Tax Laws Could Affect Stock Option Benefits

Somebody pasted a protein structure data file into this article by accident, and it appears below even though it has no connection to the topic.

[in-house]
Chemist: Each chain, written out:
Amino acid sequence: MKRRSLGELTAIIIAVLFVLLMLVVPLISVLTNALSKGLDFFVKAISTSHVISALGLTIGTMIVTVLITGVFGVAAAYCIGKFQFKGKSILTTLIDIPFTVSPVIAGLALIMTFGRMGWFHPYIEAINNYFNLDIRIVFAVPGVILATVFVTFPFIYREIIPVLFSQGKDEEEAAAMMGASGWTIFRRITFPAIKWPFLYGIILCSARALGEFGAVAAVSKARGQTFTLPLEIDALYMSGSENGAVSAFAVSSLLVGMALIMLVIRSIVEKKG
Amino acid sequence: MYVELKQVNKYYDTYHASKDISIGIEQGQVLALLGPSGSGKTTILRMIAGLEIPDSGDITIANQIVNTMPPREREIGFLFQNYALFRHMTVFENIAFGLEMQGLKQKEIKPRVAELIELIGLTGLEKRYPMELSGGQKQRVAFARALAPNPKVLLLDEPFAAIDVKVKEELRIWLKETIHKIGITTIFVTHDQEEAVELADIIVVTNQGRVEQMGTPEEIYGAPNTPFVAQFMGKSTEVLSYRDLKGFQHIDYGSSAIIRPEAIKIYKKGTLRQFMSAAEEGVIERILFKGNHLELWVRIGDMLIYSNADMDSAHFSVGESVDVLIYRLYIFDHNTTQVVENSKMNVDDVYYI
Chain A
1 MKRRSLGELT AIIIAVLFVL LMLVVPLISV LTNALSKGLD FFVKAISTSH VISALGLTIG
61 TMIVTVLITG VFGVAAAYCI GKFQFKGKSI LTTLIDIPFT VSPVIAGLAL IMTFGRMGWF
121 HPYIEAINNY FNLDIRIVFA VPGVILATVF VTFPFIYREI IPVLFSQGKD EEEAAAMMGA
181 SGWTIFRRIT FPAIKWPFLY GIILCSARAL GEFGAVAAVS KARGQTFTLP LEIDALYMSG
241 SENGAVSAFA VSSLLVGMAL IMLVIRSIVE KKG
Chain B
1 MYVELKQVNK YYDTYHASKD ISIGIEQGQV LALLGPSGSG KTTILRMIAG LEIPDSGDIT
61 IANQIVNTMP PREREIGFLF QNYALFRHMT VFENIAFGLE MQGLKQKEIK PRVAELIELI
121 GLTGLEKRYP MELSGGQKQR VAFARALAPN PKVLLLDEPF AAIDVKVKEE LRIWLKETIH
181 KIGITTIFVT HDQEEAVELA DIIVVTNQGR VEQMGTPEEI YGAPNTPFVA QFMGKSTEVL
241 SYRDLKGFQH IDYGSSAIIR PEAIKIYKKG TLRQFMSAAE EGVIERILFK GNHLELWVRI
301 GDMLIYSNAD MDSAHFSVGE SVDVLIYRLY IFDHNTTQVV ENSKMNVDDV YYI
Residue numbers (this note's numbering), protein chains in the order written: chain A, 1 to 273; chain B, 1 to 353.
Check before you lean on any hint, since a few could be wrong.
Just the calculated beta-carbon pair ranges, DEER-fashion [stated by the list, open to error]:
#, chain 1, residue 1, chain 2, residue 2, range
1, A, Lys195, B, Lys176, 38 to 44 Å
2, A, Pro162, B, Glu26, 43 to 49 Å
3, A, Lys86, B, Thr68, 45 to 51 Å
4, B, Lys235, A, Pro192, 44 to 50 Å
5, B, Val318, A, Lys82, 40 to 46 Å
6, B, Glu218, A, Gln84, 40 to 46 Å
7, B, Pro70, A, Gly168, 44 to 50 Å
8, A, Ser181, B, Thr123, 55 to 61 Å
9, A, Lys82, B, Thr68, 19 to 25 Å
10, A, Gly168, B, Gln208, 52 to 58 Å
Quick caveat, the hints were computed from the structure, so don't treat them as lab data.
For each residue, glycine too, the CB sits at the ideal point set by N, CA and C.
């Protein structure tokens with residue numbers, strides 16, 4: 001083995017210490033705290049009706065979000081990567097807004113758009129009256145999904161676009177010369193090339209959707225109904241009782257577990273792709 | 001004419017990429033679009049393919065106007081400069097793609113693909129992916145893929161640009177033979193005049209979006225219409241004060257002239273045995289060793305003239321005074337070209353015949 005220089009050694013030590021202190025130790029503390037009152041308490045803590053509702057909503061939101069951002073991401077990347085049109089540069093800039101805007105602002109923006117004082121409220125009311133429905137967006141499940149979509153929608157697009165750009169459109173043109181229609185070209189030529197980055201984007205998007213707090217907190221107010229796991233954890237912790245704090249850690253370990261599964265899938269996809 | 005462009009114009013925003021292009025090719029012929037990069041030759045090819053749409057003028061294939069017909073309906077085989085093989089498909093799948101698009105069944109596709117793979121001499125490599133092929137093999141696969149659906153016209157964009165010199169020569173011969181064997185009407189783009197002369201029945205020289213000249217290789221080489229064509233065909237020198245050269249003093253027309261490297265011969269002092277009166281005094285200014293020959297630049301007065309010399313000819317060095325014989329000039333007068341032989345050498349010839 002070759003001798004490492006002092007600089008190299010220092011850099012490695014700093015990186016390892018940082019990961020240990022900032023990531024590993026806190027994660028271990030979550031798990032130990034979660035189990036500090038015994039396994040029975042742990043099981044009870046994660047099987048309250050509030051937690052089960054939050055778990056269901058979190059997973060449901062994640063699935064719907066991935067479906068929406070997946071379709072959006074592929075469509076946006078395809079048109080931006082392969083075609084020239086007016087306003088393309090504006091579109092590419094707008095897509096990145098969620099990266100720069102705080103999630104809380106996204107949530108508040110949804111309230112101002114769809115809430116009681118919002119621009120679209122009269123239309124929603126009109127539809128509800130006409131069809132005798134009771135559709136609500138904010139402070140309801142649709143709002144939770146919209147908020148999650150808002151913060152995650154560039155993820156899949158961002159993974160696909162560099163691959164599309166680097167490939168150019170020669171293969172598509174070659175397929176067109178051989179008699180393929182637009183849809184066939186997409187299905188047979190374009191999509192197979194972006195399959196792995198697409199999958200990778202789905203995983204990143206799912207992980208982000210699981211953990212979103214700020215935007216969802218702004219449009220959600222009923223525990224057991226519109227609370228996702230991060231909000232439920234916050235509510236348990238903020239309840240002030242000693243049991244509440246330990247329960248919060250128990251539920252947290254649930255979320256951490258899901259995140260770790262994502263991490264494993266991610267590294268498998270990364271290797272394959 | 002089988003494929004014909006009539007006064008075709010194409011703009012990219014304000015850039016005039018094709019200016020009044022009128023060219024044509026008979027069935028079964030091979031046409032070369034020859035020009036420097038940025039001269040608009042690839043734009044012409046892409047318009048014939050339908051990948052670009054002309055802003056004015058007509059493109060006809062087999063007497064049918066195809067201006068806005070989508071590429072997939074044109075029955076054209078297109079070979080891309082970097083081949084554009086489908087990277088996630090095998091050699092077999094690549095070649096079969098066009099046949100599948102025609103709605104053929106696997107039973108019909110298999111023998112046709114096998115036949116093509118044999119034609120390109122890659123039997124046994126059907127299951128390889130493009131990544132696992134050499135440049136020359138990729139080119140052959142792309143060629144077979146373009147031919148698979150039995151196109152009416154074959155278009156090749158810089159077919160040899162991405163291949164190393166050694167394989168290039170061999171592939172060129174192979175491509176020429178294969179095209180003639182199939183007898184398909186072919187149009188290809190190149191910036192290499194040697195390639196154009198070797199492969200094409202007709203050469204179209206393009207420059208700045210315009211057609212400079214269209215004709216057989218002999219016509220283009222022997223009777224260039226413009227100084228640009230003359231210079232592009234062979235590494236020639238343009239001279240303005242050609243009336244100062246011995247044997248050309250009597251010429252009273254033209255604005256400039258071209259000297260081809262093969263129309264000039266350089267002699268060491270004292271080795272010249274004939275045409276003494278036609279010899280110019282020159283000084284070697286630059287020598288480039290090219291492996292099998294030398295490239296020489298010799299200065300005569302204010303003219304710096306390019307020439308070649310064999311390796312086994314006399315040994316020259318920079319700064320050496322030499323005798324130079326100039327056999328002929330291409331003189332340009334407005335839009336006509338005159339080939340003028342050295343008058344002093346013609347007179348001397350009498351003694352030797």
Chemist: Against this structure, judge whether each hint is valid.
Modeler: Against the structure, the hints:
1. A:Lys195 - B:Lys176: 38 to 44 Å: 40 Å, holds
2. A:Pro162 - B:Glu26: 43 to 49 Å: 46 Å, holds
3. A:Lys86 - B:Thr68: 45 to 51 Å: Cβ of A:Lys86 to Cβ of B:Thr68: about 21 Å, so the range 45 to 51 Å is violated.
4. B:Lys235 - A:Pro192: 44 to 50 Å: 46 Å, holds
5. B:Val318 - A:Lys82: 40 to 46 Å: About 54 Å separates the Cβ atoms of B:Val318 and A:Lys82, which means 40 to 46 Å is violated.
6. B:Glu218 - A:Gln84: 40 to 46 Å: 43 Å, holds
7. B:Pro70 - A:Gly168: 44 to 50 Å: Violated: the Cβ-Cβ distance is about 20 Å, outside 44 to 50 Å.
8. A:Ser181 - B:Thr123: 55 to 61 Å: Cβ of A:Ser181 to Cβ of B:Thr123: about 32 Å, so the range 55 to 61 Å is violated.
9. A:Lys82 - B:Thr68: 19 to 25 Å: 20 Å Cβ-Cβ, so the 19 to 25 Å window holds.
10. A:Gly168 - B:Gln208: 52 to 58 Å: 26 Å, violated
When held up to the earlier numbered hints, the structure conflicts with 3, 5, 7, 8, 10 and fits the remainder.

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    Depending on how an employee stock option plan is structured, it may be possible for an employee having exercised in-the-money stock options to reduce by half the resulting employment benefit, says a McCarthy Tétrault newsletter. The employment benefit is equal to the difference between the exercise price of the option and the fair market value of the shares acquired as a result of the exercise. It is generated at different times depending on whether the issuer of the optioned shares is a Canadian-controlled private corporation (a CCPC) or an issuer which is not a CCPC. Where the issuer is a CCPC, the employment benefit is generated on the sale of the optioned shares. Where the issuer is not a CCPC, the employment benefit is generated on the exercise of the options. The reduction of the employment benefit is a result of a deduction provided either under paragraph 110(1)(d) or paragraph 110(1)(d.1) of the Income Tax Act (Canada). Under the first paragraph, the optionee can deduct 50 per cent of the employment benefit where the shares were issued by a CCPC and the optionee held the shares for two years before disposing of them. Under the second paragraph, the optionee can deduct 50 per cent of the employment benefit where the exercise price of the options is no less than the fair market value of the shares at the time the options were granted and the shares qualify as ‘prescribed shares’ when the options are exercised and the shares are issued. The rules governing what qualifies as a ‘prescribed share’ are found in section 6204 of the Income Tax Regulations. Until the Tax Court of Canada’s decision in Montminy et al. v. The Queen, the interaction between paragraphs 6204(1)(b) and 6204(2)(c) had not been considered by a court. The decision offers welcome guidance in applying these rules, although, at the same time, the decision confirms just how stringent (and some might argue overly technical) these requirements are.